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Current Directions in Biomedical Engineering

Joint Journal of the German Society for Biomedical Engineering in VDE and the Austrian and Swiss Societies for Biomedical Engineering

Editor-in-Chief: Dössel, Olaf

Editorial Board: Augat, Peter / Buzug, Thorsten M. / Haueisen, Jens / Jockenhoevel, Stefan / Knaup-Gregori, Petra / Kraft, Marc / Lenarz, Thomas / Leonhardt, Steffen / Malberg, Hagen / Penzel, Thomas / Plank, Gernot / Radermacher, Klaus M. / Schkommodau, Erik / Stieglitz, Thomas / Urban, Gerald A.


CiteScore 2018: 0.47

Source Normalized Impact per Paper (SNIP) 2018: 0.377

Open Access
Online
ISSN
2364-5504
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Atrial and ventricular signal averaging electrocardiography in pacemaker and cardiac resynchronization therapy

C. Haschemi
  • Corresponding author
  • University of Applied Sciences Offenburg, Department Biomedical Engineering, Offenburg, Germany
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/ M. Heinke
  • University of Applied Sciences Offenburg, Department Biomedical Engineering, Offenburg, Germany
  • Other articles by this author:
  • De Gruyter OnlineGoogle Scholar
Published Online: 2015-09-12 | DOI: https://doi.org/10.1515/cdbme-2015-0015

Abstract

Cardiac resynchronization therapy with atrioventricular and interventricular delay optimized biventricular pacing is an established therapy for symptomatic heart failure patients with prolongation of QRS duration, left bundle branch block and reduced left ventricular ejection fraction. The aim of the investigation was to evaluate right atrial, right ventricular and left ventricular electrical signals of implantable electronic cardiac devices with and without signal averaging technique with novel LabVIEW software. Electrical interatrial conduction delay and inter-ventricular conduction delay may be useful parameters to evaluate electrical atrial and ventricular desynchronization in heart failure patients.

1 Introduction

Cardiac resynchronization therapy with atrioventricular and interventricular delay optimized biventricular pacing is an established therapy for symptomatic heart failure patients with prolongation of QRS duration, left bundle branch block and reduced left ventricular ejection fraction 1, 2]. The aim of the investigation was to evaluate right atrial, left atrial far field, right ventricular and left ventricular electrical signals of implantable electronic cardiac devices with and without signal averaging technique. Electrical interatrial conduction delay and interventricular conduction delay may be useful parameters to evaluate electrical atrial and ventricular desynchronization in heart failure patients for evaluation of cardiac resynchronization therapy responder and non-responder.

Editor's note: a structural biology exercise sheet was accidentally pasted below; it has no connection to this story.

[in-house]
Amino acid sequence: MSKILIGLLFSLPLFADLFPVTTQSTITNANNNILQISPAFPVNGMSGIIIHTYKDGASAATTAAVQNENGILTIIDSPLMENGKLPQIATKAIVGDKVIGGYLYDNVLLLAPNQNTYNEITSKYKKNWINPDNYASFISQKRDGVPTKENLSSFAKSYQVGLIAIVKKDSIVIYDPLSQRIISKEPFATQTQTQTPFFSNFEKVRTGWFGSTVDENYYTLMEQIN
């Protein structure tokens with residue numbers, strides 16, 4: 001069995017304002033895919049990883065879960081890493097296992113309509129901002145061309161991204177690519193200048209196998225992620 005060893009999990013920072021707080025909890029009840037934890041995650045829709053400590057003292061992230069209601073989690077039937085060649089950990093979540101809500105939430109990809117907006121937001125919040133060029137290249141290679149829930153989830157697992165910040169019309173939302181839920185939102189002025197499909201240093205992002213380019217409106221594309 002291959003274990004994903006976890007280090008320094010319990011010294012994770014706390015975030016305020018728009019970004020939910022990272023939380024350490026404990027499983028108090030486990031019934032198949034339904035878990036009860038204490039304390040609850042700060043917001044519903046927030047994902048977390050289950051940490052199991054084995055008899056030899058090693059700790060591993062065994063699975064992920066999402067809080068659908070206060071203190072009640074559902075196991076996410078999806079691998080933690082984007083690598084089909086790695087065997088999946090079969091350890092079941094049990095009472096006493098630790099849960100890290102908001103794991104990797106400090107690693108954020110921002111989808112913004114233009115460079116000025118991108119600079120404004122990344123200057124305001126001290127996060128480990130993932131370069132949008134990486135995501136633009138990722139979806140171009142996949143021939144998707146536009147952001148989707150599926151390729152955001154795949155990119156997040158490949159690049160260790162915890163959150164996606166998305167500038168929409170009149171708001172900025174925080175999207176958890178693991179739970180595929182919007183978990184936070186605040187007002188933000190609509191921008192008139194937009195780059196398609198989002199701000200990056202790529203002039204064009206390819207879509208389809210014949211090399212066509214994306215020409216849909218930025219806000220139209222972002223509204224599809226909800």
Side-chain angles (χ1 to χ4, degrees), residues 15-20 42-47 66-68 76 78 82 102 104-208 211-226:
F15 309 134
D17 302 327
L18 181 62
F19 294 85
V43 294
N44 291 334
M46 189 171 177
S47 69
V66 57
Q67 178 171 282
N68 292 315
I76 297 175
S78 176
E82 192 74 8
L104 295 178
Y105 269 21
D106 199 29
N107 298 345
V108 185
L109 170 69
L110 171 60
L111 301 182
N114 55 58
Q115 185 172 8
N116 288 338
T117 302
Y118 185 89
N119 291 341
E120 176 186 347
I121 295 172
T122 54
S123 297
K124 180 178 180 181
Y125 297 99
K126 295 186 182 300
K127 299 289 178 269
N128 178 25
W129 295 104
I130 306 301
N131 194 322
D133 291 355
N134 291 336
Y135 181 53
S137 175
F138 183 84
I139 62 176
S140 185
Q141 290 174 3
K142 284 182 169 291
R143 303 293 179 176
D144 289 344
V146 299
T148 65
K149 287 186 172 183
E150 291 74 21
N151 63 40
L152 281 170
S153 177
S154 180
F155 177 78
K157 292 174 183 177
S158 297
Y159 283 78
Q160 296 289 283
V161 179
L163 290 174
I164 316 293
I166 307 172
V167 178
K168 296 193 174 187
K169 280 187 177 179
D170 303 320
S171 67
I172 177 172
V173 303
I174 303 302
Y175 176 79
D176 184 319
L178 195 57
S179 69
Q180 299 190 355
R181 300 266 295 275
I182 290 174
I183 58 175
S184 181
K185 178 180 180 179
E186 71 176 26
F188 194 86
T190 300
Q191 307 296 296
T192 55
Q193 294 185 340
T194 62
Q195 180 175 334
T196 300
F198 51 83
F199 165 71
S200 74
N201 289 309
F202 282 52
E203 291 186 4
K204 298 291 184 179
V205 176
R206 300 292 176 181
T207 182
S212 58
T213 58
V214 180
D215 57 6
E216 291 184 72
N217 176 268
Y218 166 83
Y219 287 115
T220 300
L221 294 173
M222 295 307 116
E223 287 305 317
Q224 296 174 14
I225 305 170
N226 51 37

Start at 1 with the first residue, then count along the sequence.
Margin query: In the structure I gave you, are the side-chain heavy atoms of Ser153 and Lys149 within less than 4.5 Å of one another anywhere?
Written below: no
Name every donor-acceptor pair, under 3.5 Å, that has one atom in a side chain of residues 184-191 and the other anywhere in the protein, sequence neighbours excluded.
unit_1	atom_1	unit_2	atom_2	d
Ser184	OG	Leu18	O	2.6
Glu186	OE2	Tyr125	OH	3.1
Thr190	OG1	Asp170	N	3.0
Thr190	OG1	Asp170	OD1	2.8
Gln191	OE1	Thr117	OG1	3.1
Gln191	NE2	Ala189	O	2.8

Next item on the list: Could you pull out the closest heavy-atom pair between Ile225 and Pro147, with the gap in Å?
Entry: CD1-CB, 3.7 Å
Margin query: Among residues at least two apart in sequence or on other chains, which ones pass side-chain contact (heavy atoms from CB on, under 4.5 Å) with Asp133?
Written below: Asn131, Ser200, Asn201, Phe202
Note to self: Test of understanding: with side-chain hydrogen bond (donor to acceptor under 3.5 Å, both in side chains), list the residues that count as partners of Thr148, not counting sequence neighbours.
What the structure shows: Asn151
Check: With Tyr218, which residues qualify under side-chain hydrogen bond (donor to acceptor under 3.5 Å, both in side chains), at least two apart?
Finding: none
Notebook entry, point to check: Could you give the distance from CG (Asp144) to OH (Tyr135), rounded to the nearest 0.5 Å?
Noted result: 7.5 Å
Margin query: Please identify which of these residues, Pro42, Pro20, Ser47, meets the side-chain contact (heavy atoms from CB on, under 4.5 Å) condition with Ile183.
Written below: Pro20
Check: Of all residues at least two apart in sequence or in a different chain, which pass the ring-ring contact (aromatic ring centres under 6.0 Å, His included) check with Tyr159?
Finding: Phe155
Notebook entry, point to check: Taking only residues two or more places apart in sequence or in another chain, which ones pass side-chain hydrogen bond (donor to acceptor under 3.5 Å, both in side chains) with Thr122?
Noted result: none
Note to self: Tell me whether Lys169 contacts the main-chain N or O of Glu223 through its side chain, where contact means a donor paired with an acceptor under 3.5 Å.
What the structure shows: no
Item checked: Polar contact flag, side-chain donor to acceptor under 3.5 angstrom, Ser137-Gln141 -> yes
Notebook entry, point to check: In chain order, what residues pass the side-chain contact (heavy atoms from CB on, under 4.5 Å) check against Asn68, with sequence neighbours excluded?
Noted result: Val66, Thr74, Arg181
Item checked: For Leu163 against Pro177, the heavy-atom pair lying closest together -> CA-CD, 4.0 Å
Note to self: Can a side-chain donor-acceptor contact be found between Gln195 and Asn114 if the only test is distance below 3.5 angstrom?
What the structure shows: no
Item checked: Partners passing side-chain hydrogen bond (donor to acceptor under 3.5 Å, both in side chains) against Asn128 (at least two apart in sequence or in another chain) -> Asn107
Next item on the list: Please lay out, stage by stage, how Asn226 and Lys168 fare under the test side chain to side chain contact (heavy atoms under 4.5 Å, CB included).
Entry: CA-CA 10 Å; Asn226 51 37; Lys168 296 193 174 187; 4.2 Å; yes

2 Methods

Telemetric implant-based electrocardiography is a noninvasive technique for evaluation of right atrial, left atrial far field, right ventricular and left ventricular electrical signals of implantable cardioverter/defibrillators, cardiac pacemakers and cardiac resynchronization therapy with and without signal averaging technique with novel LabVIEW software. Spectral-temporal-mapping is a novel high resolution electrocardiography method for analyzing atrial and ventricular signals for evaluation of electrical cardiac desynchronization in heart failure patients.

3 Results

3.1 Analysis in time domain

Electrical interatrial conduction delay was measured between onset of P-wave in the surface ECG and offset of the atrial signal averaged signal in the right atrial pacemaker electrode ECG. Right atrial tachycardia or atrial flutter heart rate were measured between maximum amplitude of two bipolar right atrial pacemaker electrode signals (Fig. 1).

Example of right atrial flutter with 2:1 atrioventricular conduction with two-channel telemetric EKG of a Boston Scientific Insignia dual chamber pacemaker with bipolar right atrial ECG (upper curve) and bipolar right ventricular ECG (lower curve). The Atrial flutter heart rate was 252 beats per minute. X-axis in ms, Y-axis in mV.
Figure 1

Example of right atrial flutter with 2:1 atrioventricular conduction with two-channel telemetric EKG of a Boston Scientific Insignia dual chamber pacemaker with bipolar right atrial ECG (upper curve) and bipolar right ventricular ECG (lower curve). The Atrial flutter heart rate was 252 beats per minute. X-axis in ms, Y-axis in mV.